Bisphenol A, known as BPA, is a toxic chemical found in polycarbonate plastic — a hard, translucent plastic, usually marked with recycling symbol (SPI) No. 7. Often used to coat metal, it can be found in water pipes and the resinous lining of food and beverage cans. It is also used for dental fillings, baby bottles and formula containers, water coolers and bottles, tableware, food storage and to-go containers. BPA can seep out of polycarbonate plastic into food and liquid, in particular when the plastic is heated, worn or scratched, or when in contact with fatty or acidic foods.
First developed in 1891, it was considered for use as a way to replace estrogen. Indeed, BPA’s ability to mimic and disrupt hormones is what makes it so scary. Hormones stimulate certain cancers, which is why BPA is associated with prostate and breast cancer. A known endocrine inhibitor, BPA can interfere with metabolism, sex organs and neurological and reproductive development. It has been strongly linked to obesity, heart and liver disease, diabetes, early puberty, and learning and behavioral problems. Exposure in the womb to bisphenol A and phthalates (the chemical found in PVC) are two of the most likely causes of the genital abnormalities that are now the most common birth defects in American baby boys.
Over 100 independent studies have confirmed the concerns surrounding BPA, and 92 percent of 163 government-funded studies found “significant negative effects” from low-level exposure. That’s serious stuff in the lingo of science research. In fact, the only studies that have not found “significant effects” seem to be funded by the chemical industry. Imagine that.
While the FDA continues to state that BPAs are “safe” (guess whose studies they considered?), the Journal of the American Medical Association, The National Toxicology Program — part of the Department of Health and Human Services — and other prominent health institutes have all raised concerns about BPA. A Centers for Disease Control and Prevention (CDC) study found detectable levels of BPA in 93 percent of urine samples collected. Keep in mind, the FDA has tested less than 15 percent of 100,000 chemicals in use; their claim that bisphenol A is “safe” is not exactly reassuring.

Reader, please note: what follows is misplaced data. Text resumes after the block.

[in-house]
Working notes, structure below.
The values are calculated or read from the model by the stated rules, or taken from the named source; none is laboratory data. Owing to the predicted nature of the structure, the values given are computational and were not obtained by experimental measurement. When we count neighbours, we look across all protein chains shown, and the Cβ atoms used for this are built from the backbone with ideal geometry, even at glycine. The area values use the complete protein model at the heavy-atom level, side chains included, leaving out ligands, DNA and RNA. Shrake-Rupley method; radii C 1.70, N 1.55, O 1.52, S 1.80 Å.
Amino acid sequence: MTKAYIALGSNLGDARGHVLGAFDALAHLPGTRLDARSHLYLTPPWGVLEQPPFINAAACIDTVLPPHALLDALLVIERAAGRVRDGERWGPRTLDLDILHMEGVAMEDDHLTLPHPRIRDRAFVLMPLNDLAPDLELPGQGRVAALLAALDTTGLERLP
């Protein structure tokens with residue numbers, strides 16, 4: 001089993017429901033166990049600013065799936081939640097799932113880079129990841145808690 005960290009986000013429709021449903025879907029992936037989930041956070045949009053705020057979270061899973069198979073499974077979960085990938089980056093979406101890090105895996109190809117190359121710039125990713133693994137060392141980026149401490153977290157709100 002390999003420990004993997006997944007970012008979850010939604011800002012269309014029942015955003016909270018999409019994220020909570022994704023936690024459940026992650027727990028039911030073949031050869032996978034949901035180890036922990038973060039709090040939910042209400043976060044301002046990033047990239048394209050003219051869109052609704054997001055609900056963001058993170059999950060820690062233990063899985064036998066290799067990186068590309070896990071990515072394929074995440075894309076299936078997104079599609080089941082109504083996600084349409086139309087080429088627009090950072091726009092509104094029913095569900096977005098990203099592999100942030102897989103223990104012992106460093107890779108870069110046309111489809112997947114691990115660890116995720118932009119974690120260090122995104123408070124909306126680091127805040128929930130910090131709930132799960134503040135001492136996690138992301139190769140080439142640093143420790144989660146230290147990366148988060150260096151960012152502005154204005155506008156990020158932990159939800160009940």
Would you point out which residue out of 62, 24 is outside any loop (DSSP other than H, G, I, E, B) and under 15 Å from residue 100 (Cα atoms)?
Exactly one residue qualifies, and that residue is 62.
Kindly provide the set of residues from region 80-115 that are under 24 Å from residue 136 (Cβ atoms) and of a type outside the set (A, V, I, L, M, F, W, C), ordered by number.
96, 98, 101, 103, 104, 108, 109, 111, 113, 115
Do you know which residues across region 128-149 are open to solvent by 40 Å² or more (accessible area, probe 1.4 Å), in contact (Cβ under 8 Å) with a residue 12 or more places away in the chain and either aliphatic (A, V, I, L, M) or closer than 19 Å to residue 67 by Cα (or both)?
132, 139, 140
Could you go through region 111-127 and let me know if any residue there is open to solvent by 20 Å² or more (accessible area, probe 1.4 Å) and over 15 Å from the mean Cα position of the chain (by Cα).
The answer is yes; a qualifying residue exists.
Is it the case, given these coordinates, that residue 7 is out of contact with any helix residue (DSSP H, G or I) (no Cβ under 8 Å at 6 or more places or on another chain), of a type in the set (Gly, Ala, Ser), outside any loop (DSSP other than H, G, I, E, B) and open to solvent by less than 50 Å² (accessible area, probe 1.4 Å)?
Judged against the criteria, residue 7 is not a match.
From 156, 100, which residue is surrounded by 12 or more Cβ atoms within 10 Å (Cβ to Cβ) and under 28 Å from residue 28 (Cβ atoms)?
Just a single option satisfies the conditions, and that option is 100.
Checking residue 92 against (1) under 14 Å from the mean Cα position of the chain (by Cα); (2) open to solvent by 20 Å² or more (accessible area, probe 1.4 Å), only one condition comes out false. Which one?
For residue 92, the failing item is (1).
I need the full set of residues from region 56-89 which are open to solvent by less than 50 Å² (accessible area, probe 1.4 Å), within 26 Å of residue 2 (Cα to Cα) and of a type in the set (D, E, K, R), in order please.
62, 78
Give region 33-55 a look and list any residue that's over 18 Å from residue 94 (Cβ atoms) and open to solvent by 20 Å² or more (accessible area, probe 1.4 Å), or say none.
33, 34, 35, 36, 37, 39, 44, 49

The effects of BPA on fetuses and young children is far greater than for adults, so the suggestions below are particularly important for pregnant and nursing women, babies and children. As Dr. Shanna Swan, Director of the Center for Reproductive Epidemiology at the University of Rochester School of Medicine and Dentistry, points out, “These fetal effects are permanent and irreversible.” A note to pregnant women, or those who might become pregnant: bisphenol A is associated with miscarriages as well as birth defects.
So what to do? To stay on the green and healthy side of precaution, here are some guidelines:
• Use glass, stainless steel, paper, cloth, or ceramic containers for your food and beverages. If you feel you have to use plastic, SPI 4, 5, 1 & 2 are considered the safer options. Not all SPI 7 plastic contains BPA, but unless it is specifically labeled as "BPA-free," it's hard to know which do or don't.
• Never heat food in plastic, or put warm or hot food into plastic containers (that includes plastic cling wraps). Remember that “microwave safe” only means that the container or cling wrap won’t deform; it has nothing to do with your safety.
• Avoid contact between fatty or acidic foods and plastic.
• Breastfeed. If not, use glass bottles and buy un-canned, powdered formula.
• Don’t buy canned foods or beverages. Really.
• Wrap sandwiches in cloth or paper, and bring your own utensils. If you use a plastic reusable bottle (like Nalgene), make sure it is BPA-free.
• Invest in a filter, and keep water in glass or ceramic or stainless steel containers. Most water coolers, and the bottles that go with them, contain bisphenol A.
• Check what type of plastic your food processor is made from. Replace plastic coffee filters with ceramic or metal ones.
• Write to food companies and urge them to use less harmful alternatives to SPI 3, 6 and 7 plastics. Do the same for places you shop, and restaurants where you get food to go.
• In 1996 Bill Clinton signed the “Food Quality Protection Act” which promised a screening of endocrine inhibitors by the EPA. By 2007, although they had spent $80 million on the endocrine disruptor program, the EPA had still not tested a single one of the 15,000 chemicals promised. Tell the EPA it’s time to get to work, and demand the FDA get serious about studying BPA.
Hope this is helpful — even if alarming.